the hunt for beijings wild cats - The hunt for Beijing's wild cats

BEIJING – Professor Luo Shu-Jin and her students from Peking University are rooting about in the bush in Yanqing district on the outskirts of Beijing, looking for signs of animal droppings.

In the distance looms the alpine skiing slopes of the Winter Olympics, white and gleaming in the sun – ready for the Games that will be held next month under some of the most stringent Covid-19 control measures.

But unlike the athletes, the creature Prof Luo is looking for would be able to slink in and out of Olympic venues as it pleases.

There are signs of it everywhere in the scrubland near the Guanting reservoir – droppings along the trail, and in the underbrush, the remains of a meal of pheasant – and Prof Luo is looking for a spot to set her trap.

Her quarry is the leopard cat, an elusive ambush predator no bigger than a house cat.

This winter, Prof Luo, an expert in feline genomics, and a team of researchers from the university have been catching these wild cats and fitting them with GPS collars to study how these animals live, hunt and survive so close to one of the world’s largest megacities.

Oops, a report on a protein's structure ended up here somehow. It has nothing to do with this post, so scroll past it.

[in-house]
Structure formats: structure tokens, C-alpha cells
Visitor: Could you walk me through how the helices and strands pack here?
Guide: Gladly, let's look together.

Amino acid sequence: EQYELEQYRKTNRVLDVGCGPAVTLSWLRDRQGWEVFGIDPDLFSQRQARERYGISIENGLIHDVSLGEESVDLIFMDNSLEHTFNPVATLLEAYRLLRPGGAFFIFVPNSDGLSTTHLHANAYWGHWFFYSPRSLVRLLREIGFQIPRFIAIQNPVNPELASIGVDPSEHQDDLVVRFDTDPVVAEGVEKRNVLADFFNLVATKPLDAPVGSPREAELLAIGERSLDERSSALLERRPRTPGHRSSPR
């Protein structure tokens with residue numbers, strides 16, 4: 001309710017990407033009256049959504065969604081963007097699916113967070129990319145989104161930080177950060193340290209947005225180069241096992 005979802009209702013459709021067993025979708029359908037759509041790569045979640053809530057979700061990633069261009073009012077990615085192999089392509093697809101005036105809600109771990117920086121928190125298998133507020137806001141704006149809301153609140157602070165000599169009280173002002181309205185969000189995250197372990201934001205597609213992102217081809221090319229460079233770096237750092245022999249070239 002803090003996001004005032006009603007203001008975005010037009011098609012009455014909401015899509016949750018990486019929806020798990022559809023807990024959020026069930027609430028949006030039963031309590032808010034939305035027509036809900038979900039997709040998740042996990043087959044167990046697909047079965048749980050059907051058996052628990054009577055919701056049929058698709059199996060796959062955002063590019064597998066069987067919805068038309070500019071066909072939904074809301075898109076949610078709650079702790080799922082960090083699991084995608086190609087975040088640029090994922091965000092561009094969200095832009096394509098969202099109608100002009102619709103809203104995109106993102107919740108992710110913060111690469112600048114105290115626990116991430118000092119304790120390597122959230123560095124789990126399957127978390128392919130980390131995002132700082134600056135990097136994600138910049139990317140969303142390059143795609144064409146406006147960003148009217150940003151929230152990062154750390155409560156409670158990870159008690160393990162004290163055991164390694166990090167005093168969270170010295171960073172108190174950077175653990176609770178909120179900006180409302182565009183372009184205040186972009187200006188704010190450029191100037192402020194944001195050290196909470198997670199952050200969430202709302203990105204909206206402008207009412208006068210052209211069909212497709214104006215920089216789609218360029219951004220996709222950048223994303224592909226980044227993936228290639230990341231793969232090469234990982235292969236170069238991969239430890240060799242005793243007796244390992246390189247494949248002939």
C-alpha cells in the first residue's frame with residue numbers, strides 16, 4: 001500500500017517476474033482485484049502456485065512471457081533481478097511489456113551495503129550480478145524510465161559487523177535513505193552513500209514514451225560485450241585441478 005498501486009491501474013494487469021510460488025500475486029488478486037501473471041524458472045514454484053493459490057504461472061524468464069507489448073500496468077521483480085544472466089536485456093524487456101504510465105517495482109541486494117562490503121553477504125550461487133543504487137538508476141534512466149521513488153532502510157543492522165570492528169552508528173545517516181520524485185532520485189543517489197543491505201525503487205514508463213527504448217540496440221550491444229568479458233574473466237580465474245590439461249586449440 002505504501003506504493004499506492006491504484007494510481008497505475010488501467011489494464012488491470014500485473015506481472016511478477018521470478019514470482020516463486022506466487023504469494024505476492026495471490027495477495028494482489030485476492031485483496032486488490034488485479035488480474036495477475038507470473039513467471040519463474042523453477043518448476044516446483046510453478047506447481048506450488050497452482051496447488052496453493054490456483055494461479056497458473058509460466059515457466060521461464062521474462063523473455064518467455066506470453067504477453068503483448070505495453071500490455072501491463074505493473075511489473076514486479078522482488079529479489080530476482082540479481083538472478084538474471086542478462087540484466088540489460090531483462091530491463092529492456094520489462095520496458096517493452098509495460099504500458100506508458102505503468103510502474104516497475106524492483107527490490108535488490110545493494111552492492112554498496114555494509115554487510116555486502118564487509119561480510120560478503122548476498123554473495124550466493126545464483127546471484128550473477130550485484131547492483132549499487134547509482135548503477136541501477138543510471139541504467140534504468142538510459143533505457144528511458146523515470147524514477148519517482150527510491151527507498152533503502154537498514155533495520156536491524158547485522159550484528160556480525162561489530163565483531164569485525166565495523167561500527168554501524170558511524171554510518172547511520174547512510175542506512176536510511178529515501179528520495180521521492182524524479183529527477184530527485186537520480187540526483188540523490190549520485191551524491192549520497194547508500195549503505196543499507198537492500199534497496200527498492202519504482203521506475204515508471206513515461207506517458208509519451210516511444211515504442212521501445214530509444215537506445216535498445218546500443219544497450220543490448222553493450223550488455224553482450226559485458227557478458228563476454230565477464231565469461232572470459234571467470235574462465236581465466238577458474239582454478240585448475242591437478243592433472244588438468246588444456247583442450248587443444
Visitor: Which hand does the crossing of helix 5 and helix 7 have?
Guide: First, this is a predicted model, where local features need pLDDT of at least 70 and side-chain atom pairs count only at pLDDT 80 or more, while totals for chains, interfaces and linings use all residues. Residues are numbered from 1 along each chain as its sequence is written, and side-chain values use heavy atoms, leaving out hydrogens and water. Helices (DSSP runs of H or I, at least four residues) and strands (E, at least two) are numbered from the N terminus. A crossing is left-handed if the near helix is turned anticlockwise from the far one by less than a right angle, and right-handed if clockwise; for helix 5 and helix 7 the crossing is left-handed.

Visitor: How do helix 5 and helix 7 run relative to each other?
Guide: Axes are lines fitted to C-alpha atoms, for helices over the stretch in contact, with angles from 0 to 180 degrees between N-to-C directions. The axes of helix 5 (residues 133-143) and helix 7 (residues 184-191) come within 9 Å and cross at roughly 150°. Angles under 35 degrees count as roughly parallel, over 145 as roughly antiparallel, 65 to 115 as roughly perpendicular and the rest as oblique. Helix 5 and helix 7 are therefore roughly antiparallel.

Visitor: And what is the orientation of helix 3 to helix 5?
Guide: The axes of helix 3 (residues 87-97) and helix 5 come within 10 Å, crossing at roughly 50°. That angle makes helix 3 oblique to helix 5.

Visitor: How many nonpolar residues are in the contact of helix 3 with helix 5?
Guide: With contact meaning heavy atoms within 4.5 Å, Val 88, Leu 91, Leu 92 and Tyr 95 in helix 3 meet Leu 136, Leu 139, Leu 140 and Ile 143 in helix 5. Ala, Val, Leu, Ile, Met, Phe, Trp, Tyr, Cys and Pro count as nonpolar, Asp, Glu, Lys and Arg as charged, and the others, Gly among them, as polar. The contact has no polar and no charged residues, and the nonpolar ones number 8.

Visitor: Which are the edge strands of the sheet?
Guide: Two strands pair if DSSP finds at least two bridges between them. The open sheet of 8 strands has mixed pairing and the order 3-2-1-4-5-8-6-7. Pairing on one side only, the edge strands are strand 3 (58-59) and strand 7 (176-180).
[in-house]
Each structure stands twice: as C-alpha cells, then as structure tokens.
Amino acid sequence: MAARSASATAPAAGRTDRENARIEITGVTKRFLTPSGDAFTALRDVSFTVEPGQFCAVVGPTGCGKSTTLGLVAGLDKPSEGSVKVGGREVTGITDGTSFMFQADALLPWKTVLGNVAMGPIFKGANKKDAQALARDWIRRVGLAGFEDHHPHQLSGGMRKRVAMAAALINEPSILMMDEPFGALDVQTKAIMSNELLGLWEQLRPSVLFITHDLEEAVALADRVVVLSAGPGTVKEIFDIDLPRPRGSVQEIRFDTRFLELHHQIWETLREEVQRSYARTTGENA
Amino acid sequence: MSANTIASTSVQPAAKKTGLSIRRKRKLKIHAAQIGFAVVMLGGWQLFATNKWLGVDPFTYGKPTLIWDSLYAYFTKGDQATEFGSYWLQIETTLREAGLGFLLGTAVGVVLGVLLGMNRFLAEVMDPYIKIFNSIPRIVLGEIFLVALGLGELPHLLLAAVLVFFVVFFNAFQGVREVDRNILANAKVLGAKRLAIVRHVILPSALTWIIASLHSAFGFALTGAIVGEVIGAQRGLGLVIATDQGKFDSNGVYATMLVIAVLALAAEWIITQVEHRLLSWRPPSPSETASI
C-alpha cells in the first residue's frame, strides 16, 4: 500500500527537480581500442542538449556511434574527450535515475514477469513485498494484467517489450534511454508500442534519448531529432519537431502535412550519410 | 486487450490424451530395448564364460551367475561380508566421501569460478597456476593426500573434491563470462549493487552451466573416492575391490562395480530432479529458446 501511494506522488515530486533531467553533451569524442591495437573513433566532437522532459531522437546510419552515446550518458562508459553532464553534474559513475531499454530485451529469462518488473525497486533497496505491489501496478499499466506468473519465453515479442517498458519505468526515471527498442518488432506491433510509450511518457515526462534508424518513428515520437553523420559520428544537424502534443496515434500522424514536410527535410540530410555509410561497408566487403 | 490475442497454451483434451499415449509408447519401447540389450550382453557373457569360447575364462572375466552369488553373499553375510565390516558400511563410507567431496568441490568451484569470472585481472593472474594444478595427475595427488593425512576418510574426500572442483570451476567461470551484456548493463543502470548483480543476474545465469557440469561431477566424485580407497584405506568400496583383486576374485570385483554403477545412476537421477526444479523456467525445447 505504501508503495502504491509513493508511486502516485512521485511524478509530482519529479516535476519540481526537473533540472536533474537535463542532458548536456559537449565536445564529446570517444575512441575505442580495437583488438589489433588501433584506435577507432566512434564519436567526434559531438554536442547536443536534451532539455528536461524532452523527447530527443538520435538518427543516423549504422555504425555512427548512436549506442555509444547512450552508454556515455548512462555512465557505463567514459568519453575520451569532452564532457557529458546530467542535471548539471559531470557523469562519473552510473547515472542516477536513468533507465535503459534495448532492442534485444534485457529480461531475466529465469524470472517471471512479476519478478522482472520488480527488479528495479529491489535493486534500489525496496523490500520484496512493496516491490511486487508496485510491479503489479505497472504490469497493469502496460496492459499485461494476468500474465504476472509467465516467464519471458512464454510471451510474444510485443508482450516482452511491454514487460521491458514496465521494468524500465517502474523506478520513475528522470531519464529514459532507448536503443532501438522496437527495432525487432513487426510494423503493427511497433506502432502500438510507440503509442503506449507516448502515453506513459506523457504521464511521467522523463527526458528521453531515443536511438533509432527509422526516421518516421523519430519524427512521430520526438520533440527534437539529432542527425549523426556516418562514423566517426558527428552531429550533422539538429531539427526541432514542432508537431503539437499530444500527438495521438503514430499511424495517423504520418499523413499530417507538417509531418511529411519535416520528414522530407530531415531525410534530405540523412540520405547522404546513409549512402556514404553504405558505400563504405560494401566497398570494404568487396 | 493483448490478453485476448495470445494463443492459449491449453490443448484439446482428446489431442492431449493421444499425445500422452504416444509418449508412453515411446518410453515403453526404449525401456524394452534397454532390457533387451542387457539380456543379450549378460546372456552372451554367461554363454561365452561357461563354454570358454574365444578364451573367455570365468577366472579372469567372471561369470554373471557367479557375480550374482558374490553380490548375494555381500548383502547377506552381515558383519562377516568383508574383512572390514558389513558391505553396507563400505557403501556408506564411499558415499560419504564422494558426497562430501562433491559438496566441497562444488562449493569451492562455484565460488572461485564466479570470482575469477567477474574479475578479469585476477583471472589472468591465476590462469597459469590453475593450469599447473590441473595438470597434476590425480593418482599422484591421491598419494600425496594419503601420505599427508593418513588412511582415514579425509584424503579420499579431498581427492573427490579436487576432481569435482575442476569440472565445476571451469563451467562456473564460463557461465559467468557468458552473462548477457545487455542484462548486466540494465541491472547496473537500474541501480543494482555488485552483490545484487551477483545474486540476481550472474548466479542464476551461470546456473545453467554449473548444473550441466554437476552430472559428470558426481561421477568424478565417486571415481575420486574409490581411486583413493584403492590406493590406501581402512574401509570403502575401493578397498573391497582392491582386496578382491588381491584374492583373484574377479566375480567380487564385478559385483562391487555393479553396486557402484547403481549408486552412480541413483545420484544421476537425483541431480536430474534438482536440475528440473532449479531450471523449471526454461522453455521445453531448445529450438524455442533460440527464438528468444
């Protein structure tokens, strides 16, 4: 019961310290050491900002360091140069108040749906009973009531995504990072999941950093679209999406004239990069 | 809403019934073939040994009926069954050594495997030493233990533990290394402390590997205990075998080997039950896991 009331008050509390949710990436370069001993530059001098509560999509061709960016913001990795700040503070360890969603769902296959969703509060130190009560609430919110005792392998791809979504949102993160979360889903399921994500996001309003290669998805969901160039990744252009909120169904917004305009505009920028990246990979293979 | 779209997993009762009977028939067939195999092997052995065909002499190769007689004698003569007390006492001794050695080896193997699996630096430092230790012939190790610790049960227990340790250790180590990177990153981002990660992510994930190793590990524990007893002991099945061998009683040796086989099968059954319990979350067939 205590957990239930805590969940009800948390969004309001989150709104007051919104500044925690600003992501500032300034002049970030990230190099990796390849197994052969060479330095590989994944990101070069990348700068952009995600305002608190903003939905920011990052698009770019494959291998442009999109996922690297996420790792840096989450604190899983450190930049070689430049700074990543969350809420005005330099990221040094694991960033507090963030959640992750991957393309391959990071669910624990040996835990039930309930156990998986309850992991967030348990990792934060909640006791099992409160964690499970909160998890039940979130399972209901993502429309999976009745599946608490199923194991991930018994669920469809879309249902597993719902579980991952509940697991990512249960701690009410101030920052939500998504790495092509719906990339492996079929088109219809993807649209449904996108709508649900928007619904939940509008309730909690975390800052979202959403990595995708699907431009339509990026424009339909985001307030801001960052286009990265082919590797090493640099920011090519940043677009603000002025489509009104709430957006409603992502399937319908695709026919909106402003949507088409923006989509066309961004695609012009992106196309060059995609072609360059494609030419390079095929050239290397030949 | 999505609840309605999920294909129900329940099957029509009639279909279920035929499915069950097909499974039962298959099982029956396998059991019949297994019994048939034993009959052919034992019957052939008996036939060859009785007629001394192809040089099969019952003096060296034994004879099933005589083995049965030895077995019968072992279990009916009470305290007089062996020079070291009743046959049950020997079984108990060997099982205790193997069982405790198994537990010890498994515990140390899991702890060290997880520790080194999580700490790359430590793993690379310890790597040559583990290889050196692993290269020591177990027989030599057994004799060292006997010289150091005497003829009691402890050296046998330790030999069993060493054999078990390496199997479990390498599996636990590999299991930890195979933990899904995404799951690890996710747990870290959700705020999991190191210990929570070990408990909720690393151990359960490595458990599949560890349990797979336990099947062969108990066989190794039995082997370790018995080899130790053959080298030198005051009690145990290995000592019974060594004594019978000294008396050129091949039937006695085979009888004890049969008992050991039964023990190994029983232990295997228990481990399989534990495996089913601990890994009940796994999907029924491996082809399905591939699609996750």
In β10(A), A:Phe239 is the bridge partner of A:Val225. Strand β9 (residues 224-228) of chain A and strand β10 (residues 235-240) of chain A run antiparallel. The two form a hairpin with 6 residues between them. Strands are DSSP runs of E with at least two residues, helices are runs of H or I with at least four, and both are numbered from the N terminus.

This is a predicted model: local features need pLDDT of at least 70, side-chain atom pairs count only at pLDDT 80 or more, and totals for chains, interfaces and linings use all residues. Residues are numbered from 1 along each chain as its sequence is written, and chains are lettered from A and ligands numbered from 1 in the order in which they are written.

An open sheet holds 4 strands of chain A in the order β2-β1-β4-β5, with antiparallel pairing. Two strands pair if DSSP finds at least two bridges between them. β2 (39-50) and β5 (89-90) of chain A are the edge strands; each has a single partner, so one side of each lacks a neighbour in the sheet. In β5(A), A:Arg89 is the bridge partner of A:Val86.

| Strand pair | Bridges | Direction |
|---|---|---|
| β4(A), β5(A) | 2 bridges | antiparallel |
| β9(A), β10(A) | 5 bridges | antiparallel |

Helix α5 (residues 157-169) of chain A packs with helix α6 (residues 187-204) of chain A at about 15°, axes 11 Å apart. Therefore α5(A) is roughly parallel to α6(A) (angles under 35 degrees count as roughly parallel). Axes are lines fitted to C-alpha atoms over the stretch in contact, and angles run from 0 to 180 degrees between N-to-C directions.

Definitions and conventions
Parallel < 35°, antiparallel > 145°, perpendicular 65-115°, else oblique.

They have discovered, for instance, that the cats really “enjoy” swimming, dipping into the freezing water at the nearby wetlands daily, even in the winter.

Diverse range of wildlife

Beijing is one of the few major capital cities with a species of wild cat – which experts say shows the city is home to a diverse range of wildlife – yet little is known about how these animals live in a metropolis of over 20 million people.

“The fact that a megacity like Beijing actually has wild leopard cats living so close to people is really interesting,” said Prof Luo.

The area where she has trapped the cats is about 3km from the nearest village and surrounded by farmland.

“We want to understand how these animals can survive in the periphery of such a big city, how they can survive in a human-dominated landscape, and not just survive but appear to be doing quite well.”

Leopard cats are one of the most widely distributed wild cats in continental Asia – found in countries ranging from China, to Singapore and India.